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Oklahoma State University

OSU researchers to help explore sustainability, environment

Fri, May 31, 2013

Researchers from Oklahoma State University are among a statewide group that has been awarded $20 million over five years from the National Science Foundation Experimental Program to Stimulate Competitive Research. 

The work will advance understanding of how socio-ecological systems can adapt sustainably to climate change and will facilitate research and learning opportunities for college faculty, college students and K-12 students throughout the state. The Oklahoma State Regents for Higher Education also is providing an annual $800,000 match.

“This award will strengthen Oklahoma’s capacity to perform cutting-edge research that will benefit the state,” said Chancellor Glen D. Johnson. “Through EPSCoR, we will be able to broaden participation in the science, technology, engineering and mathematics fields, resulting in a more educated and diverse scientific workforce for our state’s economy.”

The knowledge gained during the project will be used to empower managers to effectively adapt socio-ecological systems to climate variability and to educate Oklahomans about the expected consequences of regional environmental change. Three interlinked research focus areas will examine complex human, climate and natural resource systems. An observatory network, a forecasting system and a decision support system will each address social and ecological systems. The project is innovative in addressing each of these subject areas in tandem as well as their interactions.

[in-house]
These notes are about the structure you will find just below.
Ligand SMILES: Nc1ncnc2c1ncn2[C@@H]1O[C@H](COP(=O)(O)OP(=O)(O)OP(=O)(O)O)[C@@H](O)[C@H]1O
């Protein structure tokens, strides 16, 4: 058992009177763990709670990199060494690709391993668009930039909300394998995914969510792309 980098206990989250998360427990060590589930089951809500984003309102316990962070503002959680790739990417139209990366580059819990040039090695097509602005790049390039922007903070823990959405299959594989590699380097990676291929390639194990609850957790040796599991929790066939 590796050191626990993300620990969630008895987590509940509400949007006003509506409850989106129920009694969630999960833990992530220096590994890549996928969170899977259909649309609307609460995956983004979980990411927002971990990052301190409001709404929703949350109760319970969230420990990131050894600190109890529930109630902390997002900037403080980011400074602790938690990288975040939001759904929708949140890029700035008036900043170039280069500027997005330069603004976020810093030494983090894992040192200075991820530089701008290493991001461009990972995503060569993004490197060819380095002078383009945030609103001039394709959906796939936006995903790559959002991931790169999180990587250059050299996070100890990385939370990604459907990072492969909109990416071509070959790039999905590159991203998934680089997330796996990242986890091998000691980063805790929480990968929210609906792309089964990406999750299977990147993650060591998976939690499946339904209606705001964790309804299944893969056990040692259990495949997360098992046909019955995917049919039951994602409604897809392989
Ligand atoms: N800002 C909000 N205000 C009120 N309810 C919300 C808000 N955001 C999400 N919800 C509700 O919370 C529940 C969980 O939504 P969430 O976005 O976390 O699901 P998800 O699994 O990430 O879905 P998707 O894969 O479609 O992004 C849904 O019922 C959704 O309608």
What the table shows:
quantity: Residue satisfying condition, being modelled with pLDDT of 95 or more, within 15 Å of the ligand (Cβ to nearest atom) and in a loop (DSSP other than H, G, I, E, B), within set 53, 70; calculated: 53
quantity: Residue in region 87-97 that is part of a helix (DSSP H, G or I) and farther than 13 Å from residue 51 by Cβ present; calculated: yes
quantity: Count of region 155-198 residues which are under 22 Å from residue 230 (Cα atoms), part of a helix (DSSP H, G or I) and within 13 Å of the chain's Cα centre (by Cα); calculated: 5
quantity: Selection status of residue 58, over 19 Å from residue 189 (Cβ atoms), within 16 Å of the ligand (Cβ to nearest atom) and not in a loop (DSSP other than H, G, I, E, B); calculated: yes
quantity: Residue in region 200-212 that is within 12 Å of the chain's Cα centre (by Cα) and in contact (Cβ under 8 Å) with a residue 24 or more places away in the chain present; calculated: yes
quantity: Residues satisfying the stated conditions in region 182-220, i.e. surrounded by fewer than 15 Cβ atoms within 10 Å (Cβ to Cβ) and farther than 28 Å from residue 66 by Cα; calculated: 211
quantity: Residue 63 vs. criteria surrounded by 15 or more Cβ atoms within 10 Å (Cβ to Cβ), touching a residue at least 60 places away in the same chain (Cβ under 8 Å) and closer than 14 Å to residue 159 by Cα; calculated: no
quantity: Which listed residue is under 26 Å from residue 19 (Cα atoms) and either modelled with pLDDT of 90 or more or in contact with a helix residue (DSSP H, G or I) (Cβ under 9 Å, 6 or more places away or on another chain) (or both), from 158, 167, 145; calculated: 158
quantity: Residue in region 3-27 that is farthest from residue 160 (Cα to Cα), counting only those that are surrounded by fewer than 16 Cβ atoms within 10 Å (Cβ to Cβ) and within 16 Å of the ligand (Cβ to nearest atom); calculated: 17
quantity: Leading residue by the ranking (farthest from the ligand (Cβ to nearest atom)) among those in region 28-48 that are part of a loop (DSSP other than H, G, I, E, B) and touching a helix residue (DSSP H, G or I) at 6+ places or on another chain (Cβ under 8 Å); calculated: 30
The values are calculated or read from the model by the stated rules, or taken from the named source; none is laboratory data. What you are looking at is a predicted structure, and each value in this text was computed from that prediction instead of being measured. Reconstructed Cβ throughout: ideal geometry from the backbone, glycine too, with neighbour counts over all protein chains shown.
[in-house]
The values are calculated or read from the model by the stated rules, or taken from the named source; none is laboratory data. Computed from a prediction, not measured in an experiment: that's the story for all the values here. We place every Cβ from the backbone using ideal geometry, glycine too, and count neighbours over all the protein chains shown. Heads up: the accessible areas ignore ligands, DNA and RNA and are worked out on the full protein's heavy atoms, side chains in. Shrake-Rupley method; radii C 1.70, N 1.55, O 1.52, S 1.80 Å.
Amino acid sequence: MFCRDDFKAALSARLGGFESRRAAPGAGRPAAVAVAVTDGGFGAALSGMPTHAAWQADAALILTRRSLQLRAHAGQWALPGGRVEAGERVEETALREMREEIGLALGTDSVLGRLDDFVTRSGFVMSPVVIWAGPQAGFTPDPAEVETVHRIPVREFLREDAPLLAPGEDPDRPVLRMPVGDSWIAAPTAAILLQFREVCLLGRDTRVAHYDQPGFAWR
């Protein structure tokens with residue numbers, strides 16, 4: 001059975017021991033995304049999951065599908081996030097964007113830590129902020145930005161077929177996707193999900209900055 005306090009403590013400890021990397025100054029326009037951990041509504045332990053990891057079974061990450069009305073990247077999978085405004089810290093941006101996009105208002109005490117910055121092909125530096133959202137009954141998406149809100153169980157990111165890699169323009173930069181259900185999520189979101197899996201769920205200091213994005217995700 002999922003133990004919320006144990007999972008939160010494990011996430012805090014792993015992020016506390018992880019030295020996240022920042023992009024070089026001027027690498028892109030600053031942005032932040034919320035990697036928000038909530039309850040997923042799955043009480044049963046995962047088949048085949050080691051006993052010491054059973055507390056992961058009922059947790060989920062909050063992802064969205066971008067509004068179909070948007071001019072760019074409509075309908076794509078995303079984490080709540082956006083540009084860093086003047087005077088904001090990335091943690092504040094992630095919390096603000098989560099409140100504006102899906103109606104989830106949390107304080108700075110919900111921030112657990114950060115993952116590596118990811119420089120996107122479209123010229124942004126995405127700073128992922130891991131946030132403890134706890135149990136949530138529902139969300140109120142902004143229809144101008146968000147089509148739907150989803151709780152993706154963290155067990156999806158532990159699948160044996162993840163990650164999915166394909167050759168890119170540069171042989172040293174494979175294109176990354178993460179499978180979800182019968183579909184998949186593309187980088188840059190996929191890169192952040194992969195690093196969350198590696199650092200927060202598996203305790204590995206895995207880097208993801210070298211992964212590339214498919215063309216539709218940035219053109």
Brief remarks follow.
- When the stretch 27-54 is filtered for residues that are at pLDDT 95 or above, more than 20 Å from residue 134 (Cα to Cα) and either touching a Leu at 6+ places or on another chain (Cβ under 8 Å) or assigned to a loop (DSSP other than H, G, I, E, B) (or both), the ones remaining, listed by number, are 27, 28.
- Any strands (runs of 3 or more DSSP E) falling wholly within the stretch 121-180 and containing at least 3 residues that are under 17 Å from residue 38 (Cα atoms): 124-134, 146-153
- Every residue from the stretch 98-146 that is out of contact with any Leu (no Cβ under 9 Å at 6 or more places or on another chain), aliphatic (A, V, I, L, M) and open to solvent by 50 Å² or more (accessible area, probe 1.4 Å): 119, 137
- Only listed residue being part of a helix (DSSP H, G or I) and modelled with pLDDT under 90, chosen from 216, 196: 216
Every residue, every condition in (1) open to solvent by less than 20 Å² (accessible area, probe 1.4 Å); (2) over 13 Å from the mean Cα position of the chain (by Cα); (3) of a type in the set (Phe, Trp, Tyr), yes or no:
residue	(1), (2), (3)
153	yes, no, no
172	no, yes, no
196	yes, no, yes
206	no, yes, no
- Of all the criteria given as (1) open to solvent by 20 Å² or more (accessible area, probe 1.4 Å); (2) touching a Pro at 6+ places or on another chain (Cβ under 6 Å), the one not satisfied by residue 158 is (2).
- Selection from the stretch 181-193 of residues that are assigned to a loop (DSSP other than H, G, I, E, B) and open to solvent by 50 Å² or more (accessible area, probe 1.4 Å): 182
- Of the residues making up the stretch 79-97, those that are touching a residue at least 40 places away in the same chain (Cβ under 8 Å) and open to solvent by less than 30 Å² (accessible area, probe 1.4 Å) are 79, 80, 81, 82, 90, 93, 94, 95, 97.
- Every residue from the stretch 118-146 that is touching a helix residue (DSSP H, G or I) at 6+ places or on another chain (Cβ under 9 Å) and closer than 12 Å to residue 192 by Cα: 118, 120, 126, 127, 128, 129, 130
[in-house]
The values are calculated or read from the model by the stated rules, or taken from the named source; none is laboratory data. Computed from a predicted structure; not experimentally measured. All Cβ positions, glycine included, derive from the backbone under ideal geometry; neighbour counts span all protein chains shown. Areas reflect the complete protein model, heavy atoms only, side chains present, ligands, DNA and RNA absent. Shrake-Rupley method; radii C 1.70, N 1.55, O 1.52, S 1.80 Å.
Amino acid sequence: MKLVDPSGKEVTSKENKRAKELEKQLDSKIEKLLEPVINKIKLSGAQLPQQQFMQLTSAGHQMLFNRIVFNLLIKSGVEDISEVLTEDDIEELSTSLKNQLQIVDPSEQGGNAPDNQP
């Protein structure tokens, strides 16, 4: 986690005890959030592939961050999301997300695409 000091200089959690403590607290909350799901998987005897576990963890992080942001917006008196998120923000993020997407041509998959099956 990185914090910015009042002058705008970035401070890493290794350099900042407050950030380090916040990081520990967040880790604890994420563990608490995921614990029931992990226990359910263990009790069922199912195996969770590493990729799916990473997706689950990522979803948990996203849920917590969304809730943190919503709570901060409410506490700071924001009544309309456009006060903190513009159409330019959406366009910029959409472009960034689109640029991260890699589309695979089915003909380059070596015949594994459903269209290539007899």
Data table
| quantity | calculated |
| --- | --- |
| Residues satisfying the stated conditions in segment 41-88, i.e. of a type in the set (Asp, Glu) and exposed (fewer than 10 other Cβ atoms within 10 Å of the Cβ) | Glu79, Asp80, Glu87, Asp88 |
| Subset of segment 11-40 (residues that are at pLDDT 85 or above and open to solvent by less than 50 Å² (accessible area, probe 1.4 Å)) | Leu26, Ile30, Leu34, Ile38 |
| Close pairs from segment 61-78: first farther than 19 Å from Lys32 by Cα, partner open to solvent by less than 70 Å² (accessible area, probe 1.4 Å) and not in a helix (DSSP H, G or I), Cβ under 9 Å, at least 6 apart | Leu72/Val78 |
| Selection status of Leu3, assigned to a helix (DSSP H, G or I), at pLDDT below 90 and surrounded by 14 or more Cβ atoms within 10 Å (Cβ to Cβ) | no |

“The new program will continue our efforts to develop the capacity and capability to conduct nationally and internationally competitive research in the state of Oklahoma,” said Dr. Jerry Malayer, Oklahoma EPSCoR state program director. “In addition, the program integrates research and education, offering research opportunities for undergraduate and graduate students and educational outreach initiatives for K-12 public schools.”

The NSF award is a multi-institutional collaborative project that also includes researchers from the Samuel Roberts Noble Foundation, the University of Oklahoma and The University of Tulsa.  

The OSU researchers participating in the project are:

·       Tracy Boyer, associate professor, agricultural economics

·       Dana Brunson, director, OSU High Performance Computing Center

·       Jody Campiche, assistant professor, agricultural economics

·       Beth Caniglia, associate professor, sociology

·       Riley Dunlap, Regents professor, sociology

·       David Engle, Regents professor, natural resource ecology & management

·       Sam Fuhlendorf, professor, natural resource ecology & management

·       Tyson Ochsner, assistant professor, plant and soil sciences

·       Mark Payton, professor, statistics

·       David Shideler, assistant professor, agricultural economics

·       Duncan Wilson, assistant professor, natural resource ecology & management

·       Chris Zou, assistant professor, natural resource ecology & management

The award will be managed by Dr. James Wicksted, principal investigator, OSU professor and director of multidisciplinary research, and Oklahoma EPSCoR associate director. Dr. Alicia Knoedler, associate vice president for research and director of the Center for Research Program Development and Enrichment at OU, will serve as the co-principal investigator.

EPSCoR, originally developed by NSF, is designed to expand research opportunities in states that have traditionally received less funding in federal support for university research. Oklahoma EPSCoR is a partnership among colleges and universities, industry and research institutions. Its mission is to make Oklahoma researchers more successful in competing for research funding. The program is also funded through an award from the State Regents. For more information, visit